With an Introduction by James L. Clifford.
ork of man is perfection, this perfection has been blemished and man is impelled to recapture it in the sublime. Yet instead of analyzing this impulse, Miss Reynolds appears to take it for granted. Nor does she consider how perfection is to be achieved in taste, preferring to conclude with a diatribe in the manner of Rousseau on the depravity of the times and the corrupting effect of the arts. (For this and many of the following comments I am indebted to Mr. Ralph Cohen of the College of the City of New York.)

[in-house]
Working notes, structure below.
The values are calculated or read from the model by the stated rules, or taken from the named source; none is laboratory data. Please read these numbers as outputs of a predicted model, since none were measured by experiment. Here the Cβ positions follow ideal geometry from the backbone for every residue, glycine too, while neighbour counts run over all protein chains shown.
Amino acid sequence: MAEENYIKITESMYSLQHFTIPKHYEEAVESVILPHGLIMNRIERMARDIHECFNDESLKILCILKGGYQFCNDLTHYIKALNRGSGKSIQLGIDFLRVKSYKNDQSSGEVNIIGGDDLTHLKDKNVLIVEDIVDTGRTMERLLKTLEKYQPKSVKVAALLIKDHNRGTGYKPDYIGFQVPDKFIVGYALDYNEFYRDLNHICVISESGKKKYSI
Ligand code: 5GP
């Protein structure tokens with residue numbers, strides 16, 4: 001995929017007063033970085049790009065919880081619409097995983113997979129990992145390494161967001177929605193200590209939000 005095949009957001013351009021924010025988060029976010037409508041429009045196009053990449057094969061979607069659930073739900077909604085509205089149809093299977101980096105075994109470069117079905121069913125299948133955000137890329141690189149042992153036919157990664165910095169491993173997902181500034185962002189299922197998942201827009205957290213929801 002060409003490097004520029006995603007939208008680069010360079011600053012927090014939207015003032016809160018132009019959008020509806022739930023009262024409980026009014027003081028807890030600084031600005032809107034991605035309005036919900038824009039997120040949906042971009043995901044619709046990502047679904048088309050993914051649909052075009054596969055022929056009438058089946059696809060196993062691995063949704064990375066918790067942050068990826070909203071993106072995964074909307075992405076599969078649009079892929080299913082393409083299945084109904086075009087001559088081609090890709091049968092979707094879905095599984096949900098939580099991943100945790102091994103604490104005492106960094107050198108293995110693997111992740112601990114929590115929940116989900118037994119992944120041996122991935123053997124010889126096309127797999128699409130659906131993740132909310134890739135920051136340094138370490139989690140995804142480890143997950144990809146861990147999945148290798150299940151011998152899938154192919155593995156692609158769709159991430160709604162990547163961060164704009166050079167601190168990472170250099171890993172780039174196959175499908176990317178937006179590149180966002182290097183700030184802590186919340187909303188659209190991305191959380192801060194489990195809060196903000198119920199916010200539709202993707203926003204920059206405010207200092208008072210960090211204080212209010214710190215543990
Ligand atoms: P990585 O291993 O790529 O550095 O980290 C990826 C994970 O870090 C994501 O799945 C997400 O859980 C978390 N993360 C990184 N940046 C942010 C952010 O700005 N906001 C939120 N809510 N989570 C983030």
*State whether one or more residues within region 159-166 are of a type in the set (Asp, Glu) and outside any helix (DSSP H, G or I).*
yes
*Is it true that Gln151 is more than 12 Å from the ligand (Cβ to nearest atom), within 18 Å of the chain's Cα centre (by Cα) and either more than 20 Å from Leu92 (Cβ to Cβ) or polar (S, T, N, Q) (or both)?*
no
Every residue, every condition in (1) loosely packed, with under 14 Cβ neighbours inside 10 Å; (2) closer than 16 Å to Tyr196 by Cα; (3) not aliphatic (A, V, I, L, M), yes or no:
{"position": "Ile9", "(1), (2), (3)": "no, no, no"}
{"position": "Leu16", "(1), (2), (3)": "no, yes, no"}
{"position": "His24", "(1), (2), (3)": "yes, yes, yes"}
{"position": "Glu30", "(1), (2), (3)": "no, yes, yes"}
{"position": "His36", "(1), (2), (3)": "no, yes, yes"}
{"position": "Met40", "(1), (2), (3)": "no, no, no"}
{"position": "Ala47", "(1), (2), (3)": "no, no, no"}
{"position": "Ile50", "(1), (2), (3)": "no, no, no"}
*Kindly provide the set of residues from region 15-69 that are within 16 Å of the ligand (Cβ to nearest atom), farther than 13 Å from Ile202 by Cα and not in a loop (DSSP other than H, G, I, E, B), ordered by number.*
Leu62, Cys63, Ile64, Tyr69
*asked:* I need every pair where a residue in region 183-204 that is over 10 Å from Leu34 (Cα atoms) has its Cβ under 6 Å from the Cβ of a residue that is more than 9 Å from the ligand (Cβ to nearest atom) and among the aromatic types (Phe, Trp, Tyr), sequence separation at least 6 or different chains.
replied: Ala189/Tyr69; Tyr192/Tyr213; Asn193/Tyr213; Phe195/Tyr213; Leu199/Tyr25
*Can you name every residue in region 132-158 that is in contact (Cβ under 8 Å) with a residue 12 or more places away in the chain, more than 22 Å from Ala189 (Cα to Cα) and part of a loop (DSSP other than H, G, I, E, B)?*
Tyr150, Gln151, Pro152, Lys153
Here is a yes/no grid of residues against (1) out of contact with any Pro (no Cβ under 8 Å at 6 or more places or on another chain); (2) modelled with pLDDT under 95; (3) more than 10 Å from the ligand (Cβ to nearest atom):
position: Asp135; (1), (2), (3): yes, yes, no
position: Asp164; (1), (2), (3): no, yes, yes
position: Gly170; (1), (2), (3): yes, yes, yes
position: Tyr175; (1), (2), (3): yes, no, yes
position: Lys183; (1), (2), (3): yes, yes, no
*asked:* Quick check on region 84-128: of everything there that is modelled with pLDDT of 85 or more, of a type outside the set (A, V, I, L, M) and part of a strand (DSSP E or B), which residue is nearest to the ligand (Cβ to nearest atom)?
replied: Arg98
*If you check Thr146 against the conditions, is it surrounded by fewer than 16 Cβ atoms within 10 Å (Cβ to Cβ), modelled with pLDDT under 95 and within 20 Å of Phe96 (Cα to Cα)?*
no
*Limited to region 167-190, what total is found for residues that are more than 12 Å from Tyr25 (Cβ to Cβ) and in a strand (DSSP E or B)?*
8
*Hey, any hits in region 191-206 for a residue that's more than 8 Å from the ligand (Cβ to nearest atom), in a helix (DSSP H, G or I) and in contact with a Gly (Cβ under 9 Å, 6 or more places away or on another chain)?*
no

The cause of some of the ambiguities in her discussion may perhaps be traced to a rather careless use of terms. At one time "instinct" or "impulsion," the moral force driving man toward perfection, is a potentiality developed by cultivation, and at another a force that is created by cultivation. Although the sublime is the apex of her mathematically-definite program and is a moral quality attained by the few, every human being has his point of sublimity in the idea of a Supreme Being. On the one hand
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